Blackjack is a very popular table game —it’s an enticing blend of simplicity and complexity. It's easy to learn, but there are many intricacies. Chance is a major factor in how well you do, but if you study up on probabilities and strategy, you can improve your odds.
The goal of blackjack is to create a hand with a higher total than the dealer’s, without going over 21.
- Numbered cards count as their face value.
- Face cards—jack, queen and king—are worth 10.
- Aces count as either one or 11.
If you get blackjack, you’re paid 1.5 to 1 on your bet. So, if you bet $10, you’re paid $15. But if the dealer also has blackjack, it’s a push. For all pushes, you keep your original bet. No gain, no loss.
All other winning hands pay even money. If you bet $10, you win $10.
Blackjack has among the best odds of any form of gambling. The house advantage, if you know the ideal move in every scenario, is around 0.5 percent, meaning the return to player is 99.5. By comparison, the house advantage for roulette is around 5 to 6 percent, and for the lottery it’s around 50 percent.
But to play with such a favourable return to player, you must use an approach called “basic strategy.” Basic strategy involves understanding the ideal move to make in every scenario—based on your cards and what the dealer is showing—to have the highest probability of winning. Many casinos distribute basic strategy cards that you can use while you are playing. If you don’t know blackjack basic strategy, your expected return to player is much lower.
And remember, blackjack is a skill-based casino game, which means your actions and approach can improve your odds of winning, but randomness and chance still play a big role in the outcome.
Double Down: To double your original bet and commit to standing after taking one more card.
Split: If your first two cards are of equal value, you can split them into two separate hands. You must place an additional bet, equal to your original wager, for your second hand. If you split aces, you get only one additional card for each ace.
Surrender: If you don’t like your first two cards, you can surrender. The dealer takes half of your original bet and your hand is discarded. You can surrender on any original two-card hand, except when the dealer has blackjack.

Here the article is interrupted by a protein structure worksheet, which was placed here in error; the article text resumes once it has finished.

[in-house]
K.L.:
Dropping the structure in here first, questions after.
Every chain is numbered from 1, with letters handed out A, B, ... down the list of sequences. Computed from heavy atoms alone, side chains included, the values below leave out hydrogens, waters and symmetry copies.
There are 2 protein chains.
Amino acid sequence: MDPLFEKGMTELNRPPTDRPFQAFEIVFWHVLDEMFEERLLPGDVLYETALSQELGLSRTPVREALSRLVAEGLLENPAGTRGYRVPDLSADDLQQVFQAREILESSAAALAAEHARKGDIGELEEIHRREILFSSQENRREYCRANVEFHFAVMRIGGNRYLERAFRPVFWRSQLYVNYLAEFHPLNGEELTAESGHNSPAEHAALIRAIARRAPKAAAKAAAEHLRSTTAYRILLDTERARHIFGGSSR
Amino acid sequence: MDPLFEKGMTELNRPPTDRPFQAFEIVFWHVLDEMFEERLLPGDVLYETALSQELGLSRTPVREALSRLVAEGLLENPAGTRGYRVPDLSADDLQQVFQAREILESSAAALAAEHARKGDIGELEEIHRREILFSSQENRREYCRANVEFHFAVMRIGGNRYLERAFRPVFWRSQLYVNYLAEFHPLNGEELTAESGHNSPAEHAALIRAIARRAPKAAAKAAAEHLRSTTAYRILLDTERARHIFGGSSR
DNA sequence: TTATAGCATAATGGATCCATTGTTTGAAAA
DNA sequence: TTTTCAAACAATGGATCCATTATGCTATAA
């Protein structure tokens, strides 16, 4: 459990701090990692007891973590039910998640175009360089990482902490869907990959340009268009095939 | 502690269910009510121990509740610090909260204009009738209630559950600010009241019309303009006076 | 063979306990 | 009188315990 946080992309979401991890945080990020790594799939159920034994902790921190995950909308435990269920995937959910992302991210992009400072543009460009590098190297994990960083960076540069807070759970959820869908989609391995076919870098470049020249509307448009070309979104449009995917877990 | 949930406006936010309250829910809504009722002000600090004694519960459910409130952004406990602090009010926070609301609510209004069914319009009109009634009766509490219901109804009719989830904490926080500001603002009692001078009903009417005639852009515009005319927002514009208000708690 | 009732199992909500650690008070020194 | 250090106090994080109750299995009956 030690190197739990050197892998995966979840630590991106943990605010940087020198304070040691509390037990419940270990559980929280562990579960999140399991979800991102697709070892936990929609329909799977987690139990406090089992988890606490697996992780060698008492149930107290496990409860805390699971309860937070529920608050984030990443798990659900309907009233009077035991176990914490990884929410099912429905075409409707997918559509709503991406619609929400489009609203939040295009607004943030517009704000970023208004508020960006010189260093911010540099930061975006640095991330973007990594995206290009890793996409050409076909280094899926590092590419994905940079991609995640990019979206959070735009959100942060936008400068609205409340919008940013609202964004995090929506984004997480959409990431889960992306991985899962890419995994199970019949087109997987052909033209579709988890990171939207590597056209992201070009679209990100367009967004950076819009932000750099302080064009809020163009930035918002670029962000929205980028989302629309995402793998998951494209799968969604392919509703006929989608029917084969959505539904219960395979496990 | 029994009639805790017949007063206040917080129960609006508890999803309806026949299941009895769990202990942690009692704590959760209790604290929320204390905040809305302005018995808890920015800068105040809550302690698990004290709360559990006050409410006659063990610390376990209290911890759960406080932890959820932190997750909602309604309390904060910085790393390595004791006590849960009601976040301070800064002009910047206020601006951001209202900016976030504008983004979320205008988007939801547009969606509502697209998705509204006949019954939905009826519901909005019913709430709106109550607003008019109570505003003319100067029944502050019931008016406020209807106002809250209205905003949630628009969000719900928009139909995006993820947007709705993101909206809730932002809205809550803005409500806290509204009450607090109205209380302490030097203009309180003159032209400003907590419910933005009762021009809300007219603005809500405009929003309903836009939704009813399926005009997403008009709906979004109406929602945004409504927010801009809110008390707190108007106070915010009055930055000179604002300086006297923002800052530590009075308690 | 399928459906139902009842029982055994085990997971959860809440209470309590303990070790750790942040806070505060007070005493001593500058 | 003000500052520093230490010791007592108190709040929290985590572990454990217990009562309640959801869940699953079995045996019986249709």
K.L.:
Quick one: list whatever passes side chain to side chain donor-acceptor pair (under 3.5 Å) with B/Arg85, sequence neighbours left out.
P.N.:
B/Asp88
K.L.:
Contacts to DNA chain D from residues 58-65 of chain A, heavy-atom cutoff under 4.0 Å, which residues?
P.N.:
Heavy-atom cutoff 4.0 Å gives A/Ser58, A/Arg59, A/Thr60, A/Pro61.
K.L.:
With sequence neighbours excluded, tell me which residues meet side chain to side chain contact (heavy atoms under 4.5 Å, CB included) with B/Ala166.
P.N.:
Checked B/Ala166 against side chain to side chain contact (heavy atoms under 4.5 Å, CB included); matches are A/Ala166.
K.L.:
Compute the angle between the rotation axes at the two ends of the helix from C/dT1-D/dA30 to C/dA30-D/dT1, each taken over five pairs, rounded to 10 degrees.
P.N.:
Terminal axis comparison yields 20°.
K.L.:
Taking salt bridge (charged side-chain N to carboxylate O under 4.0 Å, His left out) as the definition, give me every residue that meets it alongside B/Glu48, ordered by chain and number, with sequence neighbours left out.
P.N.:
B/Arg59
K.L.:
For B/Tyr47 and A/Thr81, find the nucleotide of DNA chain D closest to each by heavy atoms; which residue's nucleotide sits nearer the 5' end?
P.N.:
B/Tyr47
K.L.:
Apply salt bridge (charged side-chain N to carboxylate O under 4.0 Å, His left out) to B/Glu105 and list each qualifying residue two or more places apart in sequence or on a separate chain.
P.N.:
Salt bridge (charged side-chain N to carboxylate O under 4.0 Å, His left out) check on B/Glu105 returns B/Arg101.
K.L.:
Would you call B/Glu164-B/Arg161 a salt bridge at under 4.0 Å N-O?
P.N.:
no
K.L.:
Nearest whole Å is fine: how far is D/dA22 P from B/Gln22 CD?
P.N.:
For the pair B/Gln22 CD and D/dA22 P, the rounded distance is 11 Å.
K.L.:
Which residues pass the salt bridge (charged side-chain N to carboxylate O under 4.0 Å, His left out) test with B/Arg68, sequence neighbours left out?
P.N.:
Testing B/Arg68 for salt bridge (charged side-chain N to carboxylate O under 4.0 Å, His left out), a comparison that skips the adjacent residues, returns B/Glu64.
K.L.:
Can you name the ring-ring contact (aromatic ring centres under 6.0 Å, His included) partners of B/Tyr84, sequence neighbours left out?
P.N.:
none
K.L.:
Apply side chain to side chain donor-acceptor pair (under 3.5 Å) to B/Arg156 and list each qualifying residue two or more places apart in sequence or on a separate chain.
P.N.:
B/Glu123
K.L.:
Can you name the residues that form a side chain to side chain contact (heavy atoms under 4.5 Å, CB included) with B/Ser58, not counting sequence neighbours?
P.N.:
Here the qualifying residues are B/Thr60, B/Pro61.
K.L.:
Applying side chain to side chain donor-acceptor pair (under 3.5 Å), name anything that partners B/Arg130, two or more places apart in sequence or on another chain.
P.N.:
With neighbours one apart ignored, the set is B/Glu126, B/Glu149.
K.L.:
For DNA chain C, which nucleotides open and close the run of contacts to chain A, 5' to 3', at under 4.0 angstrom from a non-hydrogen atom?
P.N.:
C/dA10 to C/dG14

Insurance: If the dealer’s first card is an ace, you can insure your bet against the dealer getting blackjack. You can wager a sum equal to one-half of your original bet. If the dealer draws blackjack, the insurance bet pays 2 to 1. If the dealer does not get blackjack, you lose your insurance bet.
Blackjack variations: Many casinos offer variations on regular blackjack which offer different odds, play with different number of decks than the standard six, or provide various side bets that pay bonuses in certain situations. In each case, it’s generally a good idea to learn the fundamentals of the regular game before diving into variations.
|Game||House advantage, with optimal play|
|Fortune pai gow poker||0.5 to 2.5%|
|Poker||2 to 3.5%|
|Slot machines||8% (average)|
How to play
Place your bet.
The dealer deals you two cards face up, and takes one card, also face up. If your two cards total 21, it’s known as blackjack.
You win, unless the dealer also has blackjack, in which case it’s a push (a tie). You have to wait to see what the dealer gets for his second card to find out.
If you didn’t get blackjack, you can hit, or take additional cards, until you’re satisfied with your hand, at which point you stand, or stop receiving additional cards. If you bust—that’s when your cards total more than 21—you’re done.
After all players have played, the dealer deals himself more cards to get as close to 21 as possible without busting.
Compare your cards to the dealer’s. Here are the possible outcomes:
- If the dealer’s hand exceeds 21, all players with 21 or less win.
- If your hand is higher than the dealer’s, without exceeding 21, you win.
- If you have the same total as the dealer, it’s a push, unless you got blackjack and the dealer got 21 on more than two cards, in which case you win.